The three typical applications of G I S i n archaeology have been analysis or, more rightly, visualization; management; and the development of "predictive" models . A predictive model is defined as "hypotheses or sets of hypotheses which simplify complex observations whilst offering a l argely accurate predictive framework struc­ turing these observations" (Clarke 1 968 : 32) . Correlative predictive models are those that "identify and quantify relationships between archaeological site locations and environmenta l variables" ( Sebastian and Judge 1 98 8 : 4) . Explanatory predictive models are "models that are deductively derived and attempt to predict hmv particular patterns of human land usc will be reflected in the archaeological record" (Sebastian and Judge 1 98 8 : 4) . We would argue that except for management appli cations, the vast majority of GIS studies have confused either "pretty pictures" with innovation, as in the case of visualization, or the statement of simple cOlTelations with theory, as in the case of predictive models . This is not to say that previous predictive modeling efforts were wasted; indeed, without these early studies many of the tools discussed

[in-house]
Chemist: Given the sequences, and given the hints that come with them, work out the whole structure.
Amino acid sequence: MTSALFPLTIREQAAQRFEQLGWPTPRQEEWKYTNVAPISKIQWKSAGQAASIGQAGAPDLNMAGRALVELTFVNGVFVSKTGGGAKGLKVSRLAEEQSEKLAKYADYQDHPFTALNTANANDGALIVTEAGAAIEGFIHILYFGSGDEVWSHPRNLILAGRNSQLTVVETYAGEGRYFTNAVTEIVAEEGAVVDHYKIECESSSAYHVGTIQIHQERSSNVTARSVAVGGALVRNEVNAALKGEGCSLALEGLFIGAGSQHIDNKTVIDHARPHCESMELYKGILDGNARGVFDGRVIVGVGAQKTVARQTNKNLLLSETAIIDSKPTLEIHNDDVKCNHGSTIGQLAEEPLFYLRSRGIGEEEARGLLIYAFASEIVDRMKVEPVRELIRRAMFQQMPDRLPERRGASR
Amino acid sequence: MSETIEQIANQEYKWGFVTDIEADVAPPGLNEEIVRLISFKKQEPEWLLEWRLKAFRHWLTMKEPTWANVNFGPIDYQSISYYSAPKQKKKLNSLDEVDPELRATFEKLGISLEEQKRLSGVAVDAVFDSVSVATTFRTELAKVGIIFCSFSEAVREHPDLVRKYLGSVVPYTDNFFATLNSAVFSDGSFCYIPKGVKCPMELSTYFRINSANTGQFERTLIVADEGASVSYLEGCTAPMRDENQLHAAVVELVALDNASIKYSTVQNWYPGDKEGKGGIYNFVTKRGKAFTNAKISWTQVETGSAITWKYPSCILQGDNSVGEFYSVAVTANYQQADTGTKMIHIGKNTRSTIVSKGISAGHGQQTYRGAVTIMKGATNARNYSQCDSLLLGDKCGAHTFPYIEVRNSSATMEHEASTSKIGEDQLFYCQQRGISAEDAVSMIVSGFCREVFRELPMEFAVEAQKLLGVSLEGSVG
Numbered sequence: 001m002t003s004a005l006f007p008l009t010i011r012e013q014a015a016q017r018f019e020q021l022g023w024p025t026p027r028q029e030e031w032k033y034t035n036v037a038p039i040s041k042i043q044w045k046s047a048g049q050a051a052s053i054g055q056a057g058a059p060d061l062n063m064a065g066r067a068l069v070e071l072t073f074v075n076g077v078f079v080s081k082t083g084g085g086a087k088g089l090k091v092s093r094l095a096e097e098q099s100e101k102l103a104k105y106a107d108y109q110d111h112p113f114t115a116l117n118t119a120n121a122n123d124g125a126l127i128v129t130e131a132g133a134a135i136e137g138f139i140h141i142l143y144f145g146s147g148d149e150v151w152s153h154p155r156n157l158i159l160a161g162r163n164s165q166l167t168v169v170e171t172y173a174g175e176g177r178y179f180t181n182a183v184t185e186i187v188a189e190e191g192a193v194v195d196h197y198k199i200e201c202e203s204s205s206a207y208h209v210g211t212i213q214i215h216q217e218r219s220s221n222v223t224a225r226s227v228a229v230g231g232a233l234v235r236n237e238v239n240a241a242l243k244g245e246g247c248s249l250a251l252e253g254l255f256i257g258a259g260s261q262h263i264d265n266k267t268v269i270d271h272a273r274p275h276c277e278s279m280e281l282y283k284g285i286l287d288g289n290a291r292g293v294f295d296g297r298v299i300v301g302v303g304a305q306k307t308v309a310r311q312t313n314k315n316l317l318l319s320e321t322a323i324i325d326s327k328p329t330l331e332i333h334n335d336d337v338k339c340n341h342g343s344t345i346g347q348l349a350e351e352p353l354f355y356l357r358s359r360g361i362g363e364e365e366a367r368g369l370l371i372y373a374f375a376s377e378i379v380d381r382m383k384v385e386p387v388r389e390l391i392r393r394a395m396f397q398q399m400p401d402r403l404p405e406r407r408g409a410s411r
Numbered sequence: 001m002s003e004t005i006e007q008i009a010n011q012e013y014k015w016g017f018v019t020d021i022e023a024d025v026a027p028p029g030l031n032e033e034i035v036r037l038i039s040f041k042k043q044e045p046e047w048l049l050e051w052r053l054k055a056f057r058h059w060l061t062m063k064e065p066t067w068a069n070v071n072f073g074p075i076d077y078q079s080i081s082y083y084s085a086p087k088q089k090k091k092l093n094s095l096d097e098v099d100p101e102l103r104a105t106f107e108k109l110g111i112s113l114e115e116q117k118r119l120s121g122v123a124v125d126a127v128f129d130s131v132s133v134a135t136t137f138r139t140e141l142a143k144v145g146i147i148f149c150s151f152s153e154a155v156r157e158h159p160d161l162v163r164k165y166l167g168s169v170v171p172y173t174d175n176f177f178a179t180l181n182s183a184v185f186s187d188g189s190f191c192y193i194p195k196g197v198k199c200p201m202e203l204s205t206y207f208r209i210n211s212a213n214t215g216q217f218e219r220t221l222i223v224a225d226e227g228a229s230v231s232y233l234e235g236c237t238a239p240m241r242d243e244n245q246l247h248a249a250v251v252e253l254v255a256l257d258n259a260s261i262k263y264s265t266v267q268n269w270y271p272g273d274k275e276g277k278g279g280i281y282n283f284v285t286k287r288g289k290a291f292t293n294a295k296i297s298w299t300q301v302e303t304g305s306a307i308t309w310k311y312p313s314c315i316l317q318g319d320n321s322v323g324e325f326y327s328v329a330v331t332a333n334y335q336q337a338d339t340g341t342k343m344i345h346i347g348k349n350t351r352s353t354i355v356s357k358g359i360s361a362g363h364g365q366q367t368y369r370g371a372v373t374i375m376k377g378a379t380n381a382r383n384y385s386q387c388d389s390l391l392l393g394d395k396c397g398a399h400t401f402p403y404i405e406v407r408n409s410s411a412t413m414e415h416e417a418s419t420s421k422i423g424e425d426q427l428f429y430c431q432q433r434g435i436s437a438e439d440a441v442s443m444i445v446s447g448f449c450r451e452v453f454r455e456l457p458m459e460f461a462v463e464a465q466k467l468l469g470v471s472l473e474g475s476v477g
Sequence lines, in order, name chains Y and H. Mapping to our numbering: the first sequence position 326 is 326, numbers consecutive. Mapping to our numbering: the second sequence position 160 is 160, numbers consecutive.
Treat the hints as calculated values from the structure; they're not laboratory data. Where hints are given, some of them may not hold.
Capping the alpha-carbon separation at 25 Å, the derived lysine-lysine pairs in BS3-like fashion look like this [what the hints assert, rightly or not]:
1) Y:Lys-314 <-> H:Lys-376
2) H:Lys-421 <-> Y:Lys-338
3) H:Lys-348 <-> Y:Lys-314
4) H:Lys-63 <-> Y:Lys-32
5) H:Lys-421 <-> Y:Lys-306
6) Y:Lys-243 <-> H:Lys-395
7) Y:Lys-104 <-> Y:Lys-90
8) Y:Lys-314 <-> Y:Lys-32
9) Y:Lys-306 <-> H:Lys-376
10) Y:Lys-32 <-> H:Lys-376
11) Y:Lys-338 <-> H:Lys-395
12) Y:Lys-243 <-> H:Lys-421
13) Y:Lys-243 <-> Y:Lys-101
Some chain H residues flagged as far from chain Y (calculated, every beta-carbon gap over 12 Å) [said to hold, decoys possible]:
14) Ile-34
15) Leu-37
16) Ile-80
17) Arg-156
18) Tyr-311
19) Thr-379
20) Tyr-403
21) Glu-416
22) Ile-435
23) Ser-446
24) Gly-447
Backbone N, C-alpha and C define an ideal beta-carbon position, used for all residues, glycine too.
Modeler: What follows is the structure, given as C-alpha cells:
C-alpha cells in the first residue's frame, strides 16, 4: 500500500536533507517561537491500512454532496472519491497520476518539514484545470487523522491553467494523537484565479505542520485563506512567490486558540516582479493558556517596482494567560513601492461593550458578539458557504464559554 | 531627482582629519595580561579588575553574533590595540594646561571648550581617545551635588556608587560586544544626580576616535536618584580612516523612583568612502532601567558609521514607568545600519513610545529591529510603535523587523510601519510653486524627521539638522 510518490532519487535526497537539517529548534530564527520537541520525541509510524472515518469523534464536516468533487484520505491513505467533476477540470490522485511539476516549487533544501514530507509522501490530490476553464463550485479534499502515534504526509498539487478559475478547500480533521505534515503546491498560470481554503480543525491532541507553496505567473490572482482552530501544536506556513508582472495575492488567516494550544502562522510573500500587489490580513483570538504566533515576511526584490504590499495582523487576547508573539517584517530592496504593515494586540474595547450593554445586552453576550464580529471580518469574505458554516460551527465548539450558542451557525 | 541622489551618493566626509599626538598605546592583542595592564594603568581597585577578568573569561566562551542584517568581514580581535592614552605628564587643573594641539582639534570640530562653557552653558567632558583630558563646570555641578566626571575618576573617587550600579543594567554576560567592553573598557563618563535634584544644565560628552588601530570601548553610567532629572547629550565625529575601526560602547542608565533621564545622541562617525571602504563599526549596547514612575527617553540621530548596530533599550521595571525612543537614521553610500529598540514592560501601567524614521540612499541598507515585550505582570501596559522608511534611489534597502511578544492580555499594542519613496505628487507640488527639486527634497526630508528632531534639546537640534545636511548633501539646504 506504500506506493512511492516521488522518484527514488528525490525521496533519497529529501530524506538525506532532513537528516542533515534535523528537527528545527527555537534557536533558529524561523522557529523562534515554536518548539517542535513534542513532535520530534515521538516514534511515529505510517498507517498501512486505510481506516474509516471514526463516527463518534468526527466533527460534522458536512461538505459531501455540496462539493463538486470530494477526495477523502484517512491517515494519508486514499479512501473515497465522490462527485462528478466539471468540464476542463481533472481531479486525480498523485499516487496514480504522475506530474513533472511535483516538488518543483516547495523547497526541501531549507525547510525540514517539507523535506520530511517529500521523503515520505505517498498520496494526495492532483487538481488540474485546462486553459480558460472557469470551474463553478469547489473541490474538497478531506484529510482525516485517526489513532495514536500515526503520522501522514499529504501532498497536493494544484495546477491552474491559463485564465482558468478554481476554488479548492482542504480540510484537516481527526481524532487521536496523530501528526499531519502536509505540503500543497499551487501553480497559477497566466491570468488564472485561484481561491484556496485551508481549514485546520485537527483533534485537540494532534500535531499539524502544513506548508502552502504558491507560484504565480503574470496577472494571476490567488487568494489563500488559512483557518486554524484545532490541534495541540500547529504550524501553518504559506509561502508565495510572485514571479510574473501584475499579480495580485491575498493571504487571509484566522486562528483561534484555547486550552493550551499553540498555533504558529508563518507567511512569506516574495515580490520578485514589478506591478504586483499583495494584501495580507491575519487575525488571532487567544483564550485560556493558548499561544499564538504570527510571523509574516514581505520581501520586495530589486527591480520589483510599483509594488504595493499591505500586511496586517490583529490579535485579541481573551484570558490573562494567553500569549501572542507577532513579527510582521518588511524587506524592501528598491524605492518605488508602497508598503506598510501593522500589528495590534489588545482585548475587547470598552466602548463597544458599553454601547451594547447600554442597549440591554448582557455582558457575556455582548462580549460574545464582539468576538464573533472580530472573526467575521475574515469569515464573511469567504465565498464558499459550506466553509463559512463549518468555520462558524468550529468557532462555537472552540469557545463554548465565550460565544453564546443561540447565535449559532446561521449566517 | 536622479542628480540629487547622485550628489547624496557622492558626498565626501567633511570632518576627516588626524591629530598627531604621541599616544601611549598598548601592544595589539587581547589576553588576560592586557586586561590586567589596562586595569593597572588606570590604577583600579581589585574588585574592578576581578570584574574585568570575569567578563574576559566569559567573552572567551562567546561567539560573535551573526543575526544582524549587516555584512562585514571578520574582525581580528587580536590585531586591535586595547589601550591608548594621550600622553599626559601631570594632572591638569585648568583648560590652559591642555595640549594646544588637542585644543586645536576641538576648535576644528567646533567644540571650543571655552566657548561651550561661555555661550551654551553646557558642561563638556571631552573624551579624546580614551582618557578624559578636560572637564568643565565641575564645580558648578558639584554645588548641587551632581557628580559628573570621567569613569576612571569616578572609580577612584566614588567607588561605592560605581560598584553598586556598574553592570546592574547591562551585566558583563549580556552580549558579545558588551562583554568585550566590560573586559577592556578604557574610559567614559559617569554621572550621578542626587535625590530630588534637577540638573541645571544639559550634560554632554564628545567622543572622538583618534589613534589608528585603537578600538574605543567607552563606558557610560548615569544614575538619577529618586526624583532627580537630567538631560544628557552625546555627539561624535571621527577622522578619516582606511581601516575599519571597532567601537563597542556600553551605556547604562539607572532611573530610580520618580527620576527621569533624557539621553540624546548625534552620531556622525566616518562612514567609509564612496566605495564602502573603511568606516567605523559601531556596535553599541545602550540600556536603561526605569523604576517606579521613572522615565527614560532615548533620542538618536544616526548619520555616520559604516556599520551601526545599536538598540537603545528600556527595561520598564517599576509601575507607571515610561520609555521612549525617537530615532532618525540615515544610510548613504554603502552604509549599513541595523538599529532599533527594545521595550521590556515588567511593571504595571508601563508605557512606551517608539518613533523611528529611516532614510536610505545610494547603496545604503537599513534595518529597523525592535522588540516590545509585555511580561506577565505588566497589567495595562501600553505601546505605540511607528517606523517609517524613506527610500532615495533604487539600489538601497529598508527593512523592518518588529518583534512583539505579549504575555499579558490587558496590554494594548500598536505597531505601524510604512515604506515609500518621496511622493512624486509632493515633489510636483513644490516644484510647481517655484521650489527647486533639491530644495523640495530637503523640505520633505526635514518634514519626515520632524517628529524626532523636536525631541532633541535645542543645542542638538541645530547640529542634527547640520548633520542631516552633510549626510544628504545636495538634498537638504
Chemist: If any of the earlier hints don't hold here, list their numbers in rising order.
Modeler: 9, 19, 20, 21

here would have remained undeveloped. However, predictive modeling in archae­ ology has entered a period of doldrums that will be overcome only when we shift from a methods orientation to a theoretical one . GI S grew out of efforts by land managers to construct a visually linked database that would allow them to track growth, would provide a basis for planning, and would allow them to isolate areas suitable for specific activities or facilities . Geographers and biologists then began to use GIS to conduct spatial analysis of various activities or populations . With the growth of cultural resource regulations in the 1 970s coupled with large-scale impact projects (e .g . , strip mines), land managers were immediately interested in the promise of predictive modeling. Predictive modeling efforts developed out of a desire on the partoflandmanagerstocategorizetheirlandsastothelikelihoodofsitepresence. Therewasaninitialhopethatlandsplacedinalow-likelihoodcategorycouldbe essentiallyexemptedfromfurtherinvestigation.Thisattitudewasquicklytempered intothepresentgoalofflaggingareaswithahighlikelihoodforsitepresenceasan aid in management decisions rather than as a way to exempt lands .